Organize Your Produce to Reduce Your Shopping Trips

Dianne Dillman, for the Shuttle

photo by Lauren Todd

I want to keep fresh produce on hand. But in the interest of my and the community’s health, and to lessen the strain on the Co-op, I want to limit my shopping trips right now; my goal is to shop no more than once every two weeks. As a chef, I know it’s possible to stretch fresh produce over two weeks and not feel deprived. To do that, I need to shop wisely. This is my plan:

  • Think in terms of my produce’s storage qualities and include both keepers and perishables; 
  • Make use of every part of the veggie or fruit;
  • Handle and store it in ways that lengthen its storage time, and
  • Substitute with abandon.

Be sure to follow current guidelines as to how to properly sanitize your purchases. I unpack on the front porch and recycle or dispose of most packing materials so they never enter the house. I’m no fan of soap on my produce, but if you use it, be sure to rinse well. And don’t wash berries or grapes until just before use, or they will spoil quickly. 

The How and Where of Produce Storage

Keepers include winter squash, sweet potatoes and potatoes, daikon and other radishes, celery, carrots, citrus, pears, most apples, onions (except sweet), cabbage and lettuce with the roots still attached. I want about half to two-thirds of my purchases to be keepers.

Perishables include asparagus, lettuce, fresh beans, snow peas, fresh squash, eggplant, berries, mushrooms, delicate greens like spinach, herbs, some apples, broccoli, sweet onions, and baby potatoes. 

Squash kept on the counter will last for months. Sweet potatoes, potatoes and onions should be stored in a dark, cool dry place such as under-counter cabinets. But keep the onions and potatoes in separate cabinets, or they’ll encourage each other to spoil. The rest and the perishables go in the fridge drawers, but cook baby potatoes first. 

Store unwashed berries in a single layer if possible on paper towels in the fridge. Are they soft? They can be tossed with sugar to last a little longer and are perfect to top toast or pancakes.

Unripe avocados are keepers until ripe, then must be used quickly. Excess avocado can be mashed with lime or lemon juice and frozen. Ginger and turmeric roots can shrivel away and garlic can sprout, so I buy them in larger-than-normal quantities and peel the roots by scraping them with the side of a spoon. Cut large ones in chunks and freeze.

 I peel garlic cloves and freeze them. These can be added, still frozen, to stocks, soups, and stews; or grated, preferably with a microplane, wherever you want them chopped or minced. Pick through the herbs, and if they’re looking tired, wash, dry well, and bag with a couple paper towels to use up quickly. If fresh, wash what you will use during the week and leave some unwashed and bagged in the fridge to wash later. Treat lettuce the same way.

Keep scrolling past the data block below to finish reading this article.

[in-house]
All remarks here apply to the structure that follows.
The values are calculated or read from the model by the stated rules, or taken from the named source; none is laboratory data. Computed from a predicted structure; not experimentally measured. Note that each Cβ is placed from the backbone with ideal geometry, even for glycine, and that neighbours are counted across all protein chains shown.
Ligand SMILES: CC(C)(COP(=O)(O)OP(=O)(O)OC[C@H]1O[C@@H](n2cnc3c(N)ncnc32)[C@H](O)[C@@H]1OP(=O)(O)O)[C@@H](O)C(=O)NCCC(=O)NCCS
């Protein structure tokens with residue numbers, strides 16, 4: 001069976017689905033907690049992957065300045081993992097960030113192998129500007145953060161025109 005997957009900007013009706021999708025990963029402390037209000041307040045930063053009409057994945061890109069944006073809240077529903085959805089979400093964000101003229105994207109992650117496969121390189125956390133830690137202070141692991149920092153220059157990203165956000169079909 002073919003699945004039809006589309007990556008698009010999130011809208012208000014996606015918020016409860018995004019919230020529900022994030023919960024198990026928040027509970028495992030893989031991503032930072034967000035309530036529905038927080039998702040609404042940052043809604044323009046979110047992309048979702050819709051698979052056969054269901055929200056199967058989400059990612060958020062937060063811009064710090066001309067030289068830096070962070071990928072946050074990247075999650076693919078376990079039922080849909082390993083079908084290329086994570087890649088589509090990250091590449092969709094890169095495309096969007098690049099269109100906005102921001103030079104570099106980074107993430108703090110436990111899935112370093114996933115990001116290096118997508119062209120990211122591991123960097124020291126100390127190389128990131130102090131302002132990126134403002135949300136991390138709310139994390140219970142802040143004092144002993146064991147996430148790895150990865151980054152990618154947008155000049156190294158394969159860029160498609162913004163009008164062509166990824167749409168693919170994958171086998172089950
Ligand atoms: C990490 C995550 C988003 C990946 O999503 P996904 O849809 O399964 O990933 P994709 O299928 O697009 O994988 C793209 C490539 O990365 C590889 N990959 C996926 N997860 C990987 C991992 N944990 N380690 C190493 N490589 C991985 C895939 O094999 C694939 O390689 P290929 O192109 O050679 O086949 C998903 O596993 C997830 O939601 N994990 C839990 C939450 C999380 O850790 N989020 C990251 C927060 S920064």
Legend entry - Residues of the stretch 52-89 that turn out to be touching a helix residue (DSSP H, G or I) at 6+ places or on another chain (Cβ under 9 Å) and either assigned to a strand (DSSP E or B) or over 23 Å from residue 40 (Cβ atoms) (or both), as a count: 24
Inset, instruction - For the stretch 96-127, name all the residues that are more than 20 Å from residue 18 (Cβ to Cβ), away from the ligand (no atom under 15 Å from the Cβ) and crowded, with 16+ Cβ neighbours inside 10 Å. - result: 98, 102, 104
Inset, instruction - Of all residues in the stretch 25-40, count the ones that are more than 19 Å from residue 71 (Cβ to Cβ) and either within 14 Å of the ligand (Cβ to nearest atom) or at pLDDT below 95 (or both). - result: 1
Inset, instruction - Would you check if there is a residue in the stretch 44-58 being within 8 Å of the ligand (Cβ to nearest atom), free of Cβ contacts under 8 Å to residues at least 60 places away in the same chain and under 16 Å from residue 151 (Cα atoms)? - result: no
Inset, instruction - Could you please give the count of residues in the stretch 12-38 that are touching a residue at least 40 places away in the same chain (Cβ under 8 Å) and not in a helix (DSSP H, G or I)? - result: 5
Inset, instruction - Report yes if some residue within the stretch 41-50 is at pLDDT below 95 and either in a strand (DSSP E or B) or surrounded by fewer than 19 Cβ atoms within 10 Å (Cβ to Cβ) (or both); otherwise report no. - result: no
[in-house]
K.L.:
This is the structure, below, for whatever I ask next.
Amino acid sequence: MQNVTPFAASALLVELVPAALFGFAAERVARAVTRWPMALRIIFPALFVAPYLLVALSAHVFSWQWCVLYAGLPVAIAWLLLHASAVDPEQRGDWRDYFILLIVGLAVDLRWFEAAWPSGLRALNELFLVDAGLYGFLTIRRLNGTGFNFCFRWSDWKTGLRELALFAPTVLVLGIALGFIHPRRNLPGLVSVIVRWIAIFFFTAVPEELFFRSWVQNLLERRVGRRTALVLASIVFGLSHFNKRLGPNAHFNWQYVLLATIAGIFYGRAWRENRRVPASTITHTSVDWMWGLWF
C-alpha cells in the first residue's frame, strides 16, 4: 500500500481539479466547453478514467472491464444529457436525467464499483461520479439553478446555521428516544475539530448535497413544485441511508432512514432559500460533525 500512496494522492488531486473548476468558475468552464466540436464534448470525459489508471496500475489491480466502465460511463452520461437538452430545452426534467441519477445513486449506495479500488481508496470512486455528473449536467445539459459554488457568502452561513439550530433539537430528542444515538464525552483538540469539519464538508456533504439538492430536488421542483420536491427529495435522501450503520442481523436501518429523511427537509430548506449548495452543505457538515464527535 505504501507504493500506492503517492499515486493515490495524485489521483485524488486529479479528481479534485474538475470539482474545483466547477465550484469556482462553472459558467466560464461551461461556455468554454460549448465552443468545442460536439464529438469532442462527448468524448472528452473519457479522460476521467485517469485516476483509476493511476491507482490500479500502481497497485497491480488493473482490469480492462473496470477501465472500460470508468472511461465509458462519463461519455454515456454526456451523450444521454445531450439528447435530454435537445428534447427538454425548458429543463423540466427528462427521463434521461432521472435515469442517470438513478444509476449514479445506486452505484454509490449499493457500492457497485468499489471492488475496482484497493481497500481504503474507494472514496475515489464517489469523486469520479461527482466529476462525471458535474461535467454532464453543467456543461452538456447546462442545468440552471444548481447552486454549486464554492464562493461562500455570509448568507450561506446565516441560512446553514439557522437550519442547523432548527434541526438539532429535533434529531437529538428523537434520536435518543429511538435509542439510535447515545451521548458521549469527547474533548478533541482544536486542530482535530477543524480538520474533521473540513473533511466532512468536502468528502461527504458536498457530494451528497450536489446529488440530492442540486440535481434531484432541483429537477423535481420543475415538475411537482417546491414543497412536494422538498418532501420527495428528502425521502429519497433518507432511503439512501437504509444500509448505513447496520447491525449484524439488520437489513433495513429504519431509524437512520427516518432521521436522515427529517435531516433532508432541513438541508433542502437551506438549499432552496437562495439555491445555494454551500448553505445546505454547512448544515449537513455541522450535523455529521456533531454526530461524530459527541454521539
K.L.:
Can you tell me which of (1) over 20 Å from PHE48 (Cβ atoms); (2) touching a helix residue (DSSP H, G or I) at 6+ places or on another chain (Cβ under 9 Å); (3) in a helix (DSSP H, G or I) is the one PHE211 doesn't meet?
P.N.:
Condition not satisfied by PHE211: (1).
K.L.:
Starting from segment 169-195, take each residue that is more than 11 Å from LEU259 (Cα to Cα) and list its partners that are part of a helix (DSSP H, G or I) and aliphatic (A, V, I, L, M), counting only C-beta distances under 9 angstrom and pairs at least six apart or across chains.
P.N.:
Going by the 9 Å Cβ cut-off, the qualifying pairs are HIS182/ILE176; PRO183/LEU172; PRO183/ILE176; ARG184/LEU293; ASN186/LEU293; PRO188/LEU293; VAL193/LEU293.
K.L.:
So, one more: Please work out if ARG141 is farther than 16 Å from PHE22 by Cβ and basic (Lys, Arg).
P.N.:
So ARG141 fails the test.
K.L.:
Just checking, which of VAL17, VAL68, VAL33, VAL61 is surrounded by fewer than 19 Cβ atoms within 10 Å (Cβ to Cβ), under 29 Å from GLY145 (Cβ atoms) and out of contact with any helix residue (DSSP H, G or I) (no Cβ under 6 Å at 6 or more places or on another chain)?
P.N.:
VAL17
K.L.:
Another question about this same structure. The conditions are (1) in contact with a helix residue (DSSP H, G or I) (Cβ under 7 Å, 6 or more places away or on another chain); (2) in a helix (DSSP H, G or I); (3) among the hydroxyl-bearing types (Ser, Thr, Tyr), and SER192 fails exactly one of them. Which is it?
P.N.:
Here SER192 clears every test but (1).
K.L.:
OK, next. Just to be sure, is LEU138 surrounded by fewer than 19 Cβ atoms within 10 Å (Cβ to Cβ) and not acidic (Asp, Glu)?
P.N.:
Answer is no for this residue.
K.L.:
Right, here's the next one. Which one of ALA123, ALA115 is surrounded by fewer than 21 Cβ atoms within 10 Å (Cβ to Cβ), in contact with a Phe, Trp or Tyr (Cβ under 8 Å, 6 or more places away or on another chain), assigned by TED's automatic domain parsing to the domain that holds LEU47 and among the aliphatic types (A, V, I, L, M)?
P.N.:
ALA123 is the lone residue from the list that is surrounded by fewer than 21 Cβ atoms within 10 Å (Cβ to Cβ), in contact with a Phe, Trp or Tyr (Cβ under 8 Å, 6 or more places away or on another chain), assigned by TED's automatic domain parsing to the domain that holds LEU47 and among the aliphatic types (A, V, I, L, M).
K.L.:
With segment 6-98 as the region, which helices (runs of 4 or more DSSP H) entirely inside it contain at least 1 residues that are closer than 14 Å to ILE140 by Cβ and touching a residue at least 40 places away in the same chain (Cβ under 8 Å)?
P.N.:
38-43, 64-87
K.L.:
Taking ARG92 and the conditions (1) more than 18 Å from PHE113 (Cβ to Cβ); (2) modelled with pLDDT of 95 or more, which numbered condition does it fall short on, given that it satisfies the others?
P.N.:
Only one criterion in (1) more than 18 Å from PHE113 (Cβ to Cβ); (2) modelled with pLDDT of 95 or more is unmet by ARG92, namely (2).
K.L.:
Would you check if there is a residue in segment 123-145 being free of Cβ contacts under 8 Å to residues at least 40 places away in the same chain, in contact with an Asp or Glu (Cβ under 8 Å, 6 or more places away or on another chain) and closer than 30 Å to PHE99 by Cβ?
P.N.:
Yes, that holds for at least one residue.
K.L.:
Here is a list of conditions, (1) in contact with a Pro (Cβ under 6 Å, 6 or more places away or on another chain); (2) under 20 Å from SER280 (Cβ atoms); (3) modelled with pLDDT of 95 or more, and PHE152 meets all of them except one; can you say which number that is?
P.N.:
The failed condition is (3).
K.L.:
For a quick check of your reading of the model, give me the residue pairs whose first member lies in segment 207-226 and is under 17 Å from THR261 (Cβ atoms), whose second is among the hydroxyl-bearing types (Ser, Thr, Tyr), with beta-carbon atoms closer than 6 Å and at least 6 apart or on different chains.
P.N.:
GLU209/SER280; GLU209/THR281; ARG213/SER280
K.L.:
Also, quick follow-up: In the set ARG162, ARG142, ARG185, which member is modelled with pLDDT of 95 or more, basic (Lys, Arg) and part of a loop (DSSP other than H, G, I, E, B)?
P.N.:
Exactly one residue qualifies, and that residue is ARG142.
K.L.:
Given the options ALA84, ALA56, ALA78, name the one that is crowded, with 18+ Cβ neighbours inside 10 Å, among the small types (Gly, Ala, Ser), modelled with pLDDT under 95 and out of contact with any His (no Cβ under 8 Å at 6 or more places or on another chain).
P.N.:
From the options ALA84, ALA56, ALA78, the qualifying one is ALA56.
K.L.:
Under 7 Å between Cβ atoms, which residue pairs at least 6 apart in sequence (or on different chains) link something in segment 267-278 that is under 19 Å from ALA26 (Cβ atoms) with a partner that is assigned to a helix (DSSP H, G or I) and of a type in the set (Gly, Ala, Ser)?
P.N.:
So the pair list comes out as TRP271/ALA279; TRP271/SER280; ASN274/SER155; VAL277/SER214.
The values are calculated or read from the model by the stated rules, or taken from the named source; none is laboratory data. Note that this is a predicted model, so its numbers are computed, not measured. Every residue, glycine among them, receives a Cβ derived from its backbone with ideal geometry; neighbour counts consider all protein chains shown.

The Prep’s the Thing

My normal practice is to cook lots of produce to use throughout the week. My first week, I will focus on the perishables. I bought two eggplants, so after first charring one directly on the gas burner, I roasted it, cleaned the flesh from the skin and froze it to make baba ganoush next week. The other eggplant I stovetop grilled for a side salad and sandwiches during the week. 

The asparagus was trimmed, peeled, poached, and chilled; the peels and tough ends were bagged and frozen for soup next week. A silky soup can even be made from tough pieces in a high-speed blender. 

Save vegetable trimmings in a bag in the freezer to make stock but skip the broccoli/cabbage family. Save herb stems to toss in the stockpot, or make a quick pesto in the food processor or by hand. 

I made a pot of mushroom soup and froze some. I roasted some of the sweet potatoes and bagged them to reheat during the week. The rest I boiled, ran through the food processor with some coconut yogurt, and froze. Freeze any excess for later!

To make the most of my vegetables, I use every little edible bit. A bunch of beets is an excellent choice. Roast the roots, remove the leaves and cook like spinach, but a bit longer. The stems can be chopped and braised until tender in citrus juice and butter. Radish and carrot tops are good in soups, salads, stock and pesto. Potato skins tossed with melted coconut oil and baked at 400° until browned and crispy make great snacks or garnishes for salad or soup. 

I inspect my stored produce every day for signs of softening, decay, mold or wrinkling. If I notice any I cook it. I’ll remove any moldy or dark spots with a knife and then proceed. 

Lastly, use what you have. No cilantro? Use parsley or dill. No beets? Substitute carrots. No potatoes? Use sweet potatoes. 

I’m at the two-week mark, and I could go longer.